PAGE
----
interesting yet he’s the one controlling the table

like he’s dealing blackjack in Vegas, and he’s the one
with the incredible date, and if he didn’t have
a date when he came in, he was the kind of guy who,
without the tiniest iota of existential doubt,
knew he would have one by the time he left, and I wondered
if I could ever say something like, “Aquarius, and
my name is Ralph,” which for me came out as “Sagittarius,

and my name is Jose,” which when I said it in my head
did nothing but reaffirm my certainty that I
would be spending my life alone, in a prison
of my own making even though I’d never done anything
as horrible as what Raskolnikov did, and who
by the end of the novel somehow ended up
with the virtuous Sonya, but that was where you woke up

while reading the book. That was when you were reminded
that it was fiction. And the song that was playing that night
at the club was by the Floaters, and “Float On” was their
one big hit. And though so many people laugh at the label,
at the idea of a one-hit wonder, as if that’s some
horrible badge of shame, or, if not that, an indication
that someone falls squarely on the pathetic side

of things, I’d always maintained that one hit was more than
most people ever had. What on Earth was wrong with having
just one hit? Not everyone can be like Dostoyevsky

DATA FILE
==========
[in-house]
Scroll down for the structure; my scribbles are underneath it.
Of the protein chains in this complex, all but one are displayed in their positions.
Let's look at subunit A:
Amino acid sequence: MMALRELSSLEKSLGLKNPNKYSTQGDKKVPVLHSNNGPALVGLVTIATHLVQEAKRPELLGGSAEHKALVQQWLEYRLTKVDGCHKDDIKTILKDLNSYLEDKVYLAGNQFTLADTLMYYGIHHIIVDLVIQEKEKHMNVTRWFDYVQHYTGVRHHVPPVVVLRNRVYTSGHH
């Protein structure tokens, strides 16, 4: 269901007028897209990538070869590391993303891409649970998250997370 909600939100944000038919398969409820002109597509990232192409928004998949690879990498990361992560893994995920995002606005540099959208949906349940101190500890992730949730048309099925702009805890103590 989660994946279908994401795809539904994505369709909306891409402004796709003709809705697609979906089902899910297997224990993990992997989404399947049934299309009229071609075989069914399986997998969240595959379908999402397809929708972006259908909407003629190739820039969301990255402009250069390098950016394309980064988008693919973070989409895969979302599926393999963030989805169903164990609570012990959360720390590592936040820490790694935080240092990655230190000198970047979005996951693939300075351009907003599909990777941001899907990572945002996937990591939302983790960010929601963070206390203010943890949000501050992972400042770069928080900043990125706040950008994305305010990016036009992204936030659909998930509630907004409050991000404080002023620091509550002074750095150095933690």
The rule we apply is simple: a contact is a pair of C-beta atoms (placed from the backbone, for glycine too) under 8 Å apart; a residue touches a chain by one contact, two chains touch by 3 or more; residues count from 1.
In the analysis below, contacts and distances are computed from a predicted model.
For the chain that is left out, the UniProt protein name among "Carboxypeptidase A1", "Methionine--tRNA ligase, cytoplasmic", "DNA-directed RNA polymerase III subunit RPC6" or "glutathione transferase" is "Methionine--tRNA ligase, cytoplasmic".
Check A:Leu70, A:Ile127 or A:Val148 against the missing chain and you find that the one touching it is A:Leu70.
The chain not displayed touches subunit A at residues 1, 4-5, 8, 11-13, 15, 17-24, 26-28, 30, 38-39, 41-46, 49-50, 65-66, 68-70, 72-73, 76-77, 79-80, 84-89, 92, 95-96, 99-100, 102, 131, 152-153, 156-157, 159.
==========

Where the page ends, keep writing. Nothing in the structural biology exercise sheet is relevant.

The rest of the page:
who not only wrote Crime and Punishment but The Idiot
and The Brothers Karamazov among about a dozen other books,
and The Floaters came out of the projects in Detroit to get this
big hit, “Float On,” and I thought that, yeah, it’s hard to get

cooler than that, to keep going takes a lot of work, and
sometimes you had to go so hard you could feel the pain
in every curved surface of your bones, and sometimes you
needed a little bit of luck, and sometimes, when I got older I’d go
through periods when I thought that luck was the only thing,
that like the saying goes it’s better to be lucky than to be good,
and when I was young I never had a moment like that when

I thought that luck might be everything, that it could trump
talent, brains, or even love. But when I was young I was young
for so long, until the world made me learn, made me believe
that one day I had to know it, that I had to feel it, that like
a man who’s let the world beat him down for so long, I had to be
like everyone else, I had to search everywhere, from green earth
to blue sky, to find the things in this world worth killing for.